This brings our discussion to its core, Mandatory Minimum Sentencing for drug crimes. Currently, Marijuana is the most common drug offense committed in the US. That is, for now anyway. So our discussion will evolve around Marijuana offenses, arrests statistics, sentencing,defenses, economics, trends, and the impacts of Mandatory Minimum sentencing laws in Arizona and the USA.
The Mandatory Minimums Debate: “Justice v. Cruel and Unusual Punishment”
According to recent statistics reported by Families Against Mandatory Minimums (FAMM), the Federal prison population has increased from 28,000 to 218,000, nearly 8 times its size over the last 40 years. Many, including FAMM attribute the skyrocketing prison growth and overpopulation to mandatory minimum sentencing for drug convictions.
Mandatory Minimum (MM) sentencing laws are those that give judges far less discretion in sentencing and require long term minimum prison sentencing for certain drug offenses. They apply even to first-time, non-violent, low-level drug crimes.
These MM long-term and life sentencing guidelines have become the center of much debate in our Country, and prime targets of public scrutiny, and demand by the public. In addition to the exorbitant costs to tax payers, prison overcrowding, another primary element of the debate is the constitutionality of Mandatory Minimum drug sentences. Opponents argue that they are in violation of the Eighth Amendment rights afforded by the Constitution against cruel and unusual punishment.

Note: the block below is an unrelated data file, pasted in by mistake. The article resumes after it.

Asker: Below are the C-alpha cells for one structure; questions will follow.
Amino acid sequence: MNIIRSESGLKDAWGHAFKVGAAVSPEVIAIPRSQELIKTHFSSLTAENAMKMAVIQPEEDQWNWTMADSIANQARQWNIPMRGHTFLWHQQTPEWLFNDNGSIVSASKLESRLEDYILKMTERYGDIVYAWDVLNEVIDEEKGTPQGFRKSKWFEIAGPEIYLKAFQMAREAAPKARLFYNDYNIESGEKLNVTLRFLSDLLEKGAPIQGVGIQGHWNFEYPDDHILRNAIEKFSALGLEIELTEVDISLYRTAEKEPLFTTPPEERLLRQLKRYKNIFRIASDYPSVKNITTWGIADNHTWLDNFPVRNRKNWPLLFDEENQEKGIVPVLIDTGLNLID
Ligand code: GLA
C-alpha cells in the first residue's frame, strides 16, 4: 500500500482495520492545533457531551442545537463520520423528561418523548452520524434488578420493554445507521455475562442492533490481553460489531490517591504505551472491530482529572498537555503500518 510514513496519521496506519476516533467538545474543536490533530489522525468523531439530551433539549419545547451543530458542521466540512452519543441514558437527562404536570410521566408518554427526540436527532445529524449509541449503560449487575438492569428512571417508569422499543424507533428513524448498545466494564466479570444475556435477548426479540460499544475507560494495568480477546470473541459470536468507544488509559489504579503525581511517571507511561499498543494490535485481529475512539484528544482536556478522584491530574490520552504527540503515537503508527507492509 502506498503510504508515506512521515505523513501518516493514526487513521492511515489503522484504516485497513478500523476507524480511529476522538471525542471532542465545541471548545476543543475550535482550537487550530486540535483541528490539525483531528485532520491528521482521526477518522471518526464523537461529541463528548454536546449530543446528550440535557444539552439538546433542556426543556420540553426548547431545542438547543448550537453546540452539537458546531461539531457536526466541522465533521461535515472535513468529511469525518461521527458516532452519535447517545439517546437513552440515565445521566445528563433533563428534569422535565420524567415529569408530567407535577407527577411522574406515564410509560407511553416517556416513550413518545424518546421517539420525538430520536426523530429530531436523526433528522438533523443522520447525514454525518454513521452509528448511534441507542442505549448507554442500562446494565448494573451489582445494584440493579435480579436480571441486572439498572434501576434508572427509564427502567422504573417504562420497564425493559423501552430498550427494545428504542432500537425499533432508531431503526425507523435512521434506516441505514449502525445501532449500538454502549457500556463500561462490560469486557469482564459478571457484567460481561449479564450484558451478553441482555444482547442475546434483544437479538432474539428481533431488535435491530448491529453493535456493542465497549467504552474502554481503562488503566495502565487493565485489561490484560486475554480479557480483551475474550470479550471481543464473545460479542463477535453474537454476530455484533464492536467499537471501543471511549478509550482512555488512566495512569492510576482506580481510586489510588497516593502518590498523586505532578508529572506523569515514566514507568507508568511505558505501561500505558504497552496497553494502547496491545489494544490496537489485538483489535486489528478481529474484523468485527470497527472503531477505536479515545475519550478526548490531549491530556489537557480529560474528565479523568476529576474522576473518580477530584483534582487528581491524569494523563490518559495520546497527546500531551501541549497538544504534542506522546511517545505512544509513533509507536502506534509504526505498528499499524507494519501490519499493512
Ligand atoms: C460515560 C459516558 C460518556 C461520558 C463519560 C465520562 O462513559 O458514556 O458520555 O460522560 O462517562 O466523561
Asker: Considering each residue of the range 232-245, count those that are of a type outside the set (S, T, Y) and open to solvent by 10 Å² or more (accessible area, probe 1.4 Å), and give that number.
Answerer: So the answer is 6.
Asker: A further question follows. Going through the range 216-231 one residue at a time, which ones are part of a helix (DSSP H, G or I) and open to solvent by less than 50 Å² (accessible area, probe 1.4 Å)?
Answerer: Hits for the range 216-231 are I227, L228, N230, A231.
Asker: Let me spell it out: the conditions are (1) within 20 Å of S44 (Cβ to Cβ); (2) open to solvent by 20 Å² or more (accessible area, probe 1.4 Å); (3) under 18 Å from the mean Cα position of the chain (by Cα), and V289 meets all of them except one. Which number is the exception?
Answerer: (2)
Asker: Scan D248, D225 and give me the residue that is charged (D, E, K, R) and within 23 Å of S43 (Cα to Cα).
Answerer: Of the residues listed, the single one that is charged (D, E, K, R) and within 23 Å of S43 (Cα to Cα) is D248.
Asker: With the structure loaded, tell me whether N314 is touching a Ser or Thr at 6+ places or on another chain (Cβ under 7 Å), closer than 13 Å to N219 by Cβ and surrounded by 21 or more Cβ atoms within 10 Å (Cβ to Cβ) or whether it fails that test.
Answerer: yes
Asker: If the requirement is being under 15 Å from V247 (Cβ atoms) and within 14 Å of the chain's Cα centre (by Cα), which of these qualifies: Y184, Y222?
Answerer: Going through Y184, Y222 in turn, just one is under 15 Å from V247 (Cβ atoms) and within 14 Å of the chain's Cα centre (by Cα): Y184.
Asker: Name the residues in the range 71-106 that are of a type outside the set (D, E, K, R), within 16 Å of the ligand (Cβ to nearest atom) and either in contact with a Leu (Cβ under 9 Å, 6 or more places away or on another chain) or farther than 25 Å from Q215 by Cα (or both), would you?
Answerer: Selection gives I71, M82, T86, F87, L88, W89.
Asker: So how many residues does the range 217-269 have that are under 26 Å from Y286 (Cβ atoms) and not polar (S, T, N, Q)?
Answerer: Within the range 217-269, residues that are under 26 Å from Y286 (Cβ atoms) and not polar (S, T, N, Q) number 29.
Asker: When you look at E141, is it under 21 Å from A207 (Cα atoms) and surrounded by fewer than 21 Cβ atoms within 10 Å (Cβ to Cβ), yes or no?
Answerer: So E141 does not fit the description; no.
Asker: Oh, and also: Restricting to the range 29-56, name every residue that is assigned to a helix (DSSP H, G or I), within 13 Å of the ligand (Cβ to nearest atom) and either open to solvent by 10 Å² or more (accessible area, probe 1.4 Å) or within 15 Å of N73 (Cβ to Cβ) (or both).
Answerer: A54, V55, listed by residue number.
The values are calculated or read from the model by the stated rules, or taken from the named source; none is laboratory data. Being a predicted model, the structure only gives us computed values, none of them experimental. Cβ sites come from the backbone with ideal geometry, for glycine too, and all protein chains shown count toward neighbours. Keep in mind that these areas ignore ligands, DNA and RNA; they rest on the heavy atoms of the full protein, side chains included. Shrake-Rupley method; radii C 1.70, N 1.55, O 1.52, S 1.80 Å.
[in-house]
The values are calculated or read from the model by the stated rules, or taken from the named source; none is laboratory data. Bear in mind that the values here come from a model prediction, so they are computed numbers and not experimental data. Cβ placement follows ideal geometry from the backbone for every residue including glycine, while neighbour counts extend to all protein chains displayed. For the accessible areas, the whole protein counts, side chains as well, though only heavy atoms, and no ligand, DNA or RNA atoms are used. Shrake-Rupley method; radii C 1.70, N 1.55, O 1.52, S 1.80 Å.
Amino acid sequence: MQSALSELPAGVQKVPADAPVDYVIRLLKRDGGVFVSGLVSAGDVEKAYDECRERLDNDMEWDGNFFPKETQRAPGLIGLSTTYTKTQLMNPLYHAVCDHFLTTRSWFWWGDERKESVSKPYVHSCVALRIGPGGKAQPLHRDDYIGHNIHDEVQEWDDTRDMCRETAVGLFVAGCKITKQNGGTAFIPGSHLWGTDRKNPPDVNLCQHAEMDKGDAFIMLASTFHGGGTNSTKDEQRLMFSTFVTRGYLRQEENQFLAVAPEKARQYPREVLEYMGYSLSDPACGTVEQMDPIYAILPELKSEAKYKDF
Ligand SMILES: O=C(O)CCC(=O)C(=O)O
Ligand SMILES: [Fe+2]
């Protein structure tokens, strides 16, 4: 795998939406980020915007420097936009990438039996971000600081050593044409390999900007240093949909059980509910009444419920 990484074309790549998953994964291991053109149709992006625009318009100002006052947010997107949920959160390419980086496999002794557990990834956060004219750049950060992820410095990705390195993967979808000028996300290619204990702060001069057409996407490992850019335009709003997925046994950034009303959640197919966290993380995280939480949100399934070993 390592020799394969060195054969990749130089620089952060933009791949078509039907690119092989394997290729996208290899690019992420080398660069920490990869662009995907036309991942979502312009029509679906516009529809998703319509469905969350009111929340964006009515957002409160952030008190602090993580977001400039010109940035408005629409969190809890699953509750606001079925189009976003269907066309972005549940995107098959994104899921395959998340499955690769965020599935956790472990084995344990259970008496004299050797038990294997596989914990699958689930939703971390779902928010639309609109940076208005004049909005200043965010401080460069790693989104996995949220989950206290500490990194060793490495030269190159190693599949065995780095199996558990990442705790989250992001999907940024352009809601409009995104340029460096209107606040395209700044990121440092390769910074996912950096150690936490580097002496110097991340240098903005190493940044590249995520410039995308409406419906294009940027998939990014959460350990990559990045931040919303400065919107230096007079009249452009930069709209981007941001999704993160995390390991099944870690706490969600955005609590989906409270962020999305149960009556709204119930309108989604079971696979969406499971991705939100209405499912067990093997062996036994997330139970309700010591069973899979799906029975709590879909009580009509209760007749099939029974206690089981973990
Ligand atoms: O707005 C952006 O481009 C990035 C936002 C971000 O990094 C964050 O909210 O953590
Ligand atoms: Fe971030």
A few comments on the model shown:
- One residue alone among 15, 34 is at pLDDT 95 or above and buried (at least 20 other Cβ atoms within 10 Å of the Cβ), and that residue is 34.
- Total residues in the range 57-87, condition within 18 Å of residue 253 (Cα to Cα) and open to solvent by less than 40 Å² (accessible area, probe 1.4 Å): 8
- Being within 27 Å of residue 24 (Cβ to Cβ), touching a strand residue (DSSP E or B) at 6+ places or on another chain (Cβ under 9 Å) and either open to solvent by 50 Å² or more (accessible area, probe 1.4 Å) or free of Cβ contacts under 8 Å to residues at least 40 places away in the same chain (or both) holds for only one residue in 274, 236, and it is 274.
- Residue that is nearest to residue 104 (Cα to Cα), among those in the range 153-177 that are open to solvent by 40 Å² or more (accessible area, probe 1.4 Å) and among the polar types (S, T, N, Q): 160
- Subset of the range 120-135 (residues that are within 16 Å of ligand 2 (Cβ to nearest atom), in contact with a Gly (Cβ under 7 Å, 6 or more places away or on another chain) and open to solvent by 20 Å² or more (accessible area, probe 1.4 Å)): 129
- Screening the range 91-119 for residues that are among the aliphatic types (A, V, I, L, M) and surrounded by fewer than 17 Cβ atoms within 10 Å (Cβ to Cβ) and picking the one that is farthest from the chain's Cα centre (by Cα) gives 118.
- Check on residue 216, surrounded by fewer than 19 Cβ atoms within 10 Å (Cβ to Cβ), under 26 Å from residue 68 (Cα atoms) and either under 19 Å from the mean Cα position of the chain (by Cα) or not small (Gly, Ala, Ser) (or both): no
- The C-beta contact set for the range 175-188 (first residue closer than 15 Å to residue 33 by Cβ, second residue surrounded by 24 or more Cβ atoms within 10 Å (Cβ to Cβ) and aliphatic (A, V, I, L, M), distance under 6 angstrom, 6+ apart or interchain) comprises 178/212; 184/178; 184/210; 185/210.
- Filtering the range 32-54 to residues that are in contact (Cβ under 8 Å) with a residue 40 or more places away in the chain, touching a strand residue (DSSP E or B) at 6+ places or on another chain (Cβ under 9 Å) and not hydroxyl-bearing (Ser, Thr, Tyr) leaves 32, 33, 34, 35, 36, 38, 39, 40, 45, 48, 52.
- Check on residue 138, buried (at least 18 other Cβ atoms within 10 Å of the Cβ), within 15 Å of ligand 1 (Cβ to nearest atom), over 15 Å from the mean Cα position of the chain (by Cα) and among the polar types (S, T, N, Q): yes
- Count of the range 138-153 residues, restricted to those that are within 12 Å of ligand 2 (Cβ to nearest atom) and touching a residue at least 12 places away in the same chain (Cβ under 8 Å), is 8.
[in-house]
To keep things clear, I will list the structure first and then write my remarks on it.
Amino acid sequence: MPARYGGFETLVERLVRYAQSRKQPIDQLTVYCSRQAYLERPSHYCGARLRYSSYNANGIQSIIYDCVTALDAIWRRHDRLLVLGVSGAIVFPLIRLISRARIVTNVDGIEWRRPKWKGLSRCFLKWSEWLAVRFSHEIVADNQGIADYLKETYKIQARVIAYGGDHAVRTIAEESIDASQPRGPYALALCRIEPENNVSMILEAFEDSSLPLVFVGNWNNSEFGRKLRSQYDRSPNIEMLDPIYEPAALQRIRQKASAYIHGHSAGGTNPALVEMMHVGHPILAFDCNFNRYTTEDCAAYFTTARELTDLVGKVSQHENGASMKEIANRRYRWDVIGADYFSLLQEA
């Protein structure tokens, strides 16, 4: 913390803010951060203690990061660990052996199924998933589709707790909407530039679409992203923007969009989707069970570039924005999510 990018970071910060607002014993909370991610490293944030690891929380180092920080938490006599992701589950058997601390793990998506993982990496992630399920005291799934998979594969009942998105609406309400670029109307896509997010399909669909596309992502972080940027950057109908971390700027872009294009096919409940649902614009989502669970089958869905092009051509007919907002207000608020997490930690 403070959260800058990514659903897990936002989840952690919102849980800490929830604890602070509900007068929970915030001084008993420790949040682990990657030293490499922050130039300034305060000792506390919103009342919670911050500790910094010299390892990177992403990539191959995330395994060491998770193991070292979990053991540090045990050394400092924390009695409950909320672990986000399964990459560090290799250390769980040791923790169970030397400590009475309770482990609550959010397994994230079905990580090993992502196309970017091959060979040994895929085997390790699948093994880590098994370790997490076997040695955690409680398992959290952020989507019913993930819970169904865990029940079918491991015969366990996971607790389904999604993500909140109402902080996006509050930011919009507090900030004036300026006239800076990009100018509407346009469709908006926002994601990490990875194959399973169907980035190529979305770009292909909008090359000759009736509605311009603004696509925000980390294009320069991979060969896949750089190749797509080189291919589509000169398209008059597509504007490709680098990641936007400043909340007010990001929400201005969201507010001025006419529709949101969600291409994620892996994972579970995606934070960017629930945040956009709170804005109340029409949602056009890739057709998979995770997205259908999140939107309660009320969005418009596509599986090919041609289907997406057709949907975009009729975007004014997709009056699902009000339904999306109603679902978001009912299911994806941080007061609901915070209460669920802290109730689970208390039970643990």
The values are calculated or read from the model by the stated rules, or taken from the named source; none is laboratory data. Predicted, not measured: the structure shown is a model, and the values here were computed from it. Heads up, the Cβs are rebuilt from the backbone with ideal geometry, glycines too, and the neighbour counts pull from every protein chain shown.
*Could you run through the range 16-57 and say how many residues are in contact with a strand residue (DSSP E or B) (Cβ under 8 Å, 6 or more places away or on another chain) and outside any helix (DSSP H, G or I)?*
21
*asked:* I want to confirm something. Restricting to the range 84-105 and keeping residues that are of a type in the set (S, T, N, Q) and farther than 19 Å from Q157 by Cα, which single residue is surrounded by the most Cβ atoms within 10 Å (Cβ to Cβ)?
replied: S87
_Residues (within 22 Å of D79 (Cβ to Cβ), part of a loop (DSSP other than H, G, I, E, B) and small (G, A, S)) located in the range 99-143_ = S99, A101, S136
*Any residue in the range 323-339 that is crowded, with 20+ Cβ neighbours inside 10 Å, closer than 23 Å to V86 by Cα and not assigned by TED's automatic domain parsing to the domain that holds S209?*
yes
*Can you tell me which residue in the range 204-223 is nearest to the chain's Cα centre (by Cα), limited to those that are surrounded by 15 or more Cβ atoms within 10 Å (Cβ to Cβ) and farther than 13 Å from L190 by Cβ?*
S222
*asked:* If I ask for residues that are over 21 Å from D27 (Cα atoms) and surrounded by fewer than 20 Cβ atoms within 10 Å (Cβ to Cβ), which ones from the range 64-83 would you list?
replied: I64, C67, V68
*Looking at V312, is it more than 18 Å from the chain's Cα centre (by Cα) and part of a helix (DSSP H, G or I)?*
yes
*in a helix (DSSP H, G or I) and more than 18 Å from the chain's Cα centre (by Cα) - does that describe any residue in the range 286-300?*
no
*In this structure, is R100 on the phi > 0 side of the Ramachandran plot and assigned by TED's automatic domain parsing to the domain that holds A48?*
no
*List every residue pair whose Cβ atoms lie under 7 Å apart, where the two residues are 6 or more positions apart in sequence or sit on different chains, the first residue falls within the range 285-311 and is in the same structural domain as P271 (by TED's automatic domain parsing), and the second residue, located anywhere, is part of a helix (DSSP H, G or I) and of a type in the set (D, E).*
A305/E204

Mandatory minimum sentencing laws were around long before increased MM laws were passed in the late 1980s by Congress and State Legislatures. They were intended to keep sentencing more consistent for certain crimes. However, the “War on Drugs” escalated in the 1980s during the Reagan Administration. As a response to public outcry over the safety of society in light of drug crimes that plagued the country, more severe MM sentencing was established. It was felt that by creating laws demanding more harsh punishments would reduce the incidents of drug offenses.
Since then, the cost of incarceration has spiked over 12 times what it was before the 1980s “War on Drugs” battle. Before the egregious sentencing mandatory minimums, the USA was spending about $540 million on Federal Prisons as compared to $6.8 billion dollars reported in 2013. Meanwhile tax payers are spending approximately $50 billion dollars a years to support State Prisons.